The rocky planet, which was discovered in 2015, takes 112.3 days to orbit its star and is 0.409 AU (astronomical units) away from its star

Kepler-442 (pictured), the star that Kepler 442-b orbits. It is just slightly under 1,200 light-years from Earth

Kepler-442 (pictured), the star that Kepler 442-b orbits. It is just slightly under 1,200 light-years from Earth

The authors calculated the amount of photosynthetically active radiation (PAR) that planets receive from their stars and found that stars with half the temperature of the sun – around 2,600 Kelvin – does not get enough energy in the correct wavelength range. 

‘Oxygenic photosynthesis would still be possible, but such planets could not sustain a rich biosphere,’ a statement from the Royal Astronomical Society reads.

Oxygenic photosynthesis is what gives energy to plants and other organisms, allowing the light they absorb to be converted into energy.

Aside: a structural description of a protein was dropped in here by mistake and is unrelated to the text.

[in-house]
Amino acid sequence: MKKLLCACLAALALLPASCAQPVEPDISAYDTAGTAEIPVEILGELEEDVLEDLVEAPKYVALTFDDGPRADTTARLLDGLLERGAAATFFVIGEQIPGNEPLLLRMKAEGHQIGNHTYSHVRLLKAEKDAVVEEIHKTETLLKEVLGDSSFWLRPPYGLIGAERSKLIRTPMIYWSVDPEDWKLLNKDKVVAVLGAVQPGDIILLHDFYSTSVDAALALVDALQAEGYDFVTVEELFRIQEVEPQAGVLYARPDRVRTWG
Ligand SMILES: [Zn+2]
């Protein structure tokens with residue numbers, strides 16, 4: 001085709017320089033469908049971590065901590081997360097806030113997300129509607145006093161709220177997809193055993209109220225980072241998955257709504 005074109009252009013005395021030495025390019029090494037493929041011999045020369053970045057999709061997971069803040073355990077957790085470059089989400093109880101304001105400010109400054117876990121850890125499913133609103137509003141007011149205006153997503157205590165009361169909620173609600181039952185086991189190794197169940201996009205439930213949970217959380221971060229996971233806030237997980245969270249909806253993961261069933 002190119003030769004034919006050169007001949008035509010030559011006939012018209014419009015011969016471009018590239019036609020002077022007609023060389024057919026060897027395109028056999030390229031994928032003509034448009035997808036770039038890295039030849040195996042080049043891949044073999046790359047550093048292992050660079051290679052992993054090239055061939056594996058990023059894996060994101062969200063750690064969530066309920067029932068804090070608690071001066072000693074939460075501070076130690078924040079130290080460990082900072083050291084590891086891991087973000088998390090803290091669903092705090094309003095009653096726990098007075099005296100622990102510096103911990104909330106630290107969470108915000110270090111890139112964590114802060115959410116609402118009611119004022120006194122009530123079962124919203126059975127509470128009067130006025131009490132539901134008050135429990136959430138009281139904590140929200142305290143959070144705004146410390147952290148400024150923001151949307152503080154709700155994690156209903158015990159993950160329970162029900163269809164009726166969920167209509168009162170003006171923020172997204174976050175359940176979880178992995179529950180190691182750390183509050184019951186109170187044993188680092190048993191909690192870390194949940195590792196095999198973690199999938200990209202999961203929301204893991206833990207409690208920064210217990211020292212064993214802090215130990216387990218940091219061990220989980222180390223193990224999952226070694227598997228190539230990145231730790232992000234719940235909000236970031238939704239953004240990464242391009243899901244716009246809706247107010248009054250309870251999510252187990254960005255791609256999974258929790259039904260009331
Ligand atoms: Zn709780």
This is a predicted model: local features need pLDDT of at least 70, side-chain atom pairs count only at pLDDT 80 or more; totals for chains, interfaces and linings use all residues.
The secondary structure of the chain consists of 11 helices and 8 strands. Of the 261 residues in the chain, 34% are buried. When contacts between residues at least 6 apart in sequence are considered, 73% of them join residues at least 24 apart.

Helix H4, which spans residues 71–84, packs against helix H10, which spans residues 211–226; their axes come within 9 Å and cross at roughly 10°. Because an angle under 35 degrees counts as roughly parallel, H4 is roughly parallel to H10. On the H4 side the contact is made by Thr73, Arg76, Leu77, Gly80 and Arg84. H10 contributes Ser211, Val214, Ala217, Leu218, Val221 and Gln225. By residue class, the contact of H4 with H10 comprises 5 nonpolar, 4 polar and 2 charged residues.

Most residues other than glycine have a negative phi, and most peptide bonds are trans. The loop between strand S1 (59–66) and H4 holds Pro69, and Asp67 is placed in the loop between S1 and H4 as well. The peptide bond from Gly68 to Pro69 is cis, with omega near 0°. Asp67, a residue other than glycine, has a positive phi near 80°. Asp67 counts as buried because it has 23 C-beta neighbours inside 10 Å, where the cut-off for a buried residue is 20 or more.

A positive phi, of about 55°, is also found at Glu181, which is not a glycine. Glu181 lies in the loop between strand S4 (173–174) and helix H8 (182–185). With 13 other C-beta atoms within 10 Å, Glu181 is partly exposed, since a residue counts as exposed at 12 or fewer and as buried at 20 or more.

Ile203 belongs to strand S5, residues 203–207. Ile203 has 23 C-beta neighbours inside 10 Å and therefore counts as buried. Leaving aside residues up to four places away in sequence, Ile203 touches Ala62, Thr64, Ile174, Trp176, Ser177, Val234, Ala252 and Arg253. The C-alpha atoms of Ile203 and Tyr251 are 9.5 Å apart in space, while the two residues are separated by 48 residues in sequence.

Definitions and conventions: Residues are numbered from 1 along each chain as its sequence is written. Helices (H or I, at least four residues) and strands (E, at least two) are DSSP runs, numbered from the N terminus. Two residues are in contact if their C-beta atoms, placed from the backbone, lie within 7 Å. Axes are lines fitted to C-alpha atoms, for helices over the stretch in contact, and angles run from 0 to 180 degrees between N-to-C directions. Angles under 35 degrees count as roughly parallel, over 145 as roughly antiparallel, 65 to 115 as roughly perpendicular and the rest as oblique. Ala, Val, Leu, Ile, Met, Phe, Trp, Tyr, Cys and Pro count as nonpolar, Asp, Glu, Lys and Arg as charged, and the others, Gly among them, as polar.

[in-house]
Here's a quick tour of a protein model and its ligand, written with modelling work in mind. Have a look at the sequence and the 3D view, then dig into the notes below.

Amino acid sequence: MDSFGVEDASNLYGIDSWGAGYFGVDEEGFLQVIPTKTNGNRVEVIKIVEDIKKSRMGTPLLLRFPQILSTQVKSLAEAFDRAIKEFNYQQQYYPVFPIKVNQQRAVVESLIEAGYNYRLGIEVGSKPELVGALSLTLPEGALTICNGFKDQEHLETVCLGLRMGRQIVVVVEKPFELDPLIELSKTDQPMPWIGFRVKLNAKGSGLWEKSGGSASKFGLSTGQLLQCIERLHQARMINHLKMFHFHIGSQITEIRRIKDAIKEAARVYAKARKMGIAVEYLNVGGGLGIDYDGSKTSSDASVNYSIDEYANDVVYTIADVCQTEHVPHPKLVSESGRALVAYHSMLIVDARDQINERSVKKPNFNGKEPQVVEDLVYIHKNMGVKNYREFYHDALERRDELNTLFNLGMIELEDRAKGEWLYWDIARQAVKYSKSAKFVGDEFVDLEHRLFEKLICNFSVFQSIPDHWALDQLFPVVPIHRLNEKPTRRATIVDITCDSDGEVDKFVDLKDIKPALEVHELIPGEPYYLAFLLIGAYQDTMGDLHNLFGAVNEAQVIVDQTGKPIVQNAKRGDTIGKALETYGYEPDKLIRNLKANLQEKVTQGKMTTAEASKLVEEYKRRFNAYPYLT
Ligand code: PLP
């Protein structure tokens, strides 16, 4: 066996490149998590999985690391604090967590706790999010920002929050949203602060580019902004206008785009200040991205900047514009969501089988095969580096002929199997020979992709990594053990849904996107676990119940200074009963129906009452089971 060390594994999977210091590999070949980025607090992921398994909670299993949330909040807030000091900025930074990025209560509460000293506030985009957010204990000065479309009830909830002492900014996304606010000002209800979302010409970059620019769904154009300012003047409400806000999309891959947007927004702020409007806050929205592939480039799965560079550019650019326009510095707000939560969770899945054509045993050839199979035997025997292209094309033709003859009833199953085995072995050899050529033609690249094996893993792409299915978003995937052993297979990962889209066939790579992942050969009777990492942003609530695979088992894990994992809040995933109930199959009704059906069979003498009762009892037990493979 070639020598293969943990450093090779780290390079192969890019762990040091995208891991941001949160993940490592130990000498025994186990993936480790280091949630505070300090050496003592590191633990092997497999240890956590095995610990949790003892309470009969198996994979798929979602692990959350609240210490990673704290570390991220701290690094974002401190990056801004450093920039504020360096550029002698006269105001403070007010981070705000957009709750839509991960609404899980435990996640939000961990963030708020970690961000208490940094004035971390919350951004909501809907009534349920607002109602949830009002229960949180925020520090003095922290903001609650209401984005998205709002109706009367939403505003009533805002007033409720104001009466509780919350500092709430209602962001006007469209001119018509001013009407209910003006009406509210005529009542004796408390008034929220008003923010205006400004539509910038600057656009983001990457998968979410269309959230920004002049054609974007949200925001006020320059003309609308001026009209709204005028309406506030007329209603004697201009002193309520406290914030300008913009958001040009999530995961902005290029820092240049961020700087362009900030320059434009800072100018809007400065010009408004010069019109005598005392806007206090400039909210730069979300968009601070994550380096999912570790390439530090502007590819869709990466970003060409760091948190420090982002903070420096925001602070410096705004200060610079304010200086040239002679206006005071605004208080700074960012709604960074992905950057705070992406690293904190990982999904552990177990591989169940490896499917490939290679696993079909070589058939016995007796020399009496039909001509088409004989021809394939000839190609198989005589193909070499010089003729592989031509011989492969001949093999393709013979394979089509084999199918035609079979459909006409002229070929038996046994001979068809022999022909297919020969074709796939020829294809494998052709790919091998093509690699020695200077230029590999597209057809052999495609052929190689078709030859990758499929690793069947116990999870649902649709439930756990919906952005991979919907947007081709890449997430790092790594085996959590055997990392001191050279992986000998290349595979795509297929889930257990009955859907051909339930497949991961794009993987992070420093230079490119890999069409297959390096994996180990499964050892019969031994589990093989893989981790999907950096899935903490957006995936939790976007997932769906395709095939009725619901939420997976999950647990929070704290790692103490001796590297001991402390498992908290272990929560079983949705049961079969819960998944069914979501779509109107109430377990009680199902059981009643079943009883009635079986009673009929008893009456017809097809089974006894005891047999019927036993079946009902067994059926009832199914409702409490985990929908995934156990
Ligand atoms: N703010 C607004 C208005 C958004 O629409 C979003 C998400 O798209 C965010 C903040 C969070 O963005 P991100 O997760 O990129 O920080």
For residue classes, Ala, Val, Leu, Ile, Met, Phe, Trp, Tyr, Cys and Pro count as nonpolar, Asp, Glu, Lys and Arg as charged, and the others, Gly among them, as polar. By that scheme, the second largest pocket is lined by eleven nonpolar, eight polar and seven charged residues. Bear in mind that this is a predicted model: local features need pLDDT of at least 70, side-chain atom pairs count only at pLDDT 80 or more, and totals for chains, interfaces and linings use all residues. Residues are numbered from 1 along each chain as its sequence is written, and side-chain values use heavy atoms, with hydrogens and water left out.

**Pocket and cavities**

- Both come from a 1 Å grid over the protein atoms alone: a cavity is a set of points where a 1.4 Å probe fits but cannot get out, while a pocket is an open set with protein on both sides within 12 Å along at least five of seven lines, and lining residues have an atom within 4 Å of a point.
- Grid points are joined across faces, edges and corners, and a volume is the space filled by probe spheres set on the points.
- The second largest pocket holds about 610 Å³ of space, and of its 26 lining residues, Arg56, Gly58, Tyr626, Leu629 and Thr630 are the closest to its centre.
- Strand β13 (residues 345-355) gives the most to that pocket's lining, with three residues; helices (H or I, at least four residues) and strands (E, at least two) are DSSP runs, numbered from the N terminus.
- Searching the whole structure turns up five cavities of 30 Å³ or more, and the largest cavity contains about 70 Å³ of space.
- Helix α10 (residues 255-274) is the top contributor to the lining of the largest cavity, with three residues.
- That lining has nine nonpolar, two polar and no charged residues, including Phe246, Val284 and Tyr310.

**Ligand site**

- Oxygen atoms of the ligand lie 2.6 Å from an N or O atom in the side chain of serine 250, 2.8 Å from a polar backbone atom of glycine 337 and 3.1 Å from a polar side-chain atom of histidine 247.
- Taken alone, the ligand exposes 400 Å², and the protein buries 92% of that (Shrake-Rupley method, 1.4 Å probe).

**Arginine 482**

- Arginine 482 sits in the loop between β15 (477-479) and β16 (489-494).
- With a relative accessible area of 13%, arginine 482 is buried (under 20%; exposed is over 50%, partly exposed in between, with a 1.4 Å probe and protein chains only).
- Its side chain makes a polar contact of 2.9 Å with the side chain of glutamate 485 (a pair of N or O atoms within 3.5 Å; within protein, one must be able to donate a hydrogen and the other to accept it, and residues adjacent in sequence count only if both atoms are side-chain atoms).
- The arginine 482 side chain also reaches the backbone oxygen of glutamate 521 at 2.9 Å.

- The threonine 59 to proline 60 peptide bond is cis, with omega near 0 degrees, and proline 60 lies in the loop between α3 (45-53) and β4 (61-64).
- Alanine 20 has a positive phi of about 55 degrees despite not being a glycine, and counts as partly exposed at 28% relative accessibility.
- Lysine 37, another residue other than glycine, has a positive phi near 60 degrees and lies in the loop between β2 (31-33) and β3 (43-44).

The most common stars in the galaxy, red dwarfs, are less than one-third the temperature of the sun. 

Those that are significantly hotter than the sun give off more radiation in the necessary range to allow effective photosynthesis and largely do not last long enough to allow complex life to form.

‘Since red dwarfs are by far the most common type of star in our galaxy, this result indicates that Earth-like conditions on other planets may be much less common than we might hope,’ University of Naples professor and the study’s lead author, Giovanni Covone, said in the study.  

‘This study puts strong constraints on the parameter space for complex life, so unfortunately it appears that the ‘sweet spot’ for hosting a rich Earth-like biosphere is not so wide,’ Covone added.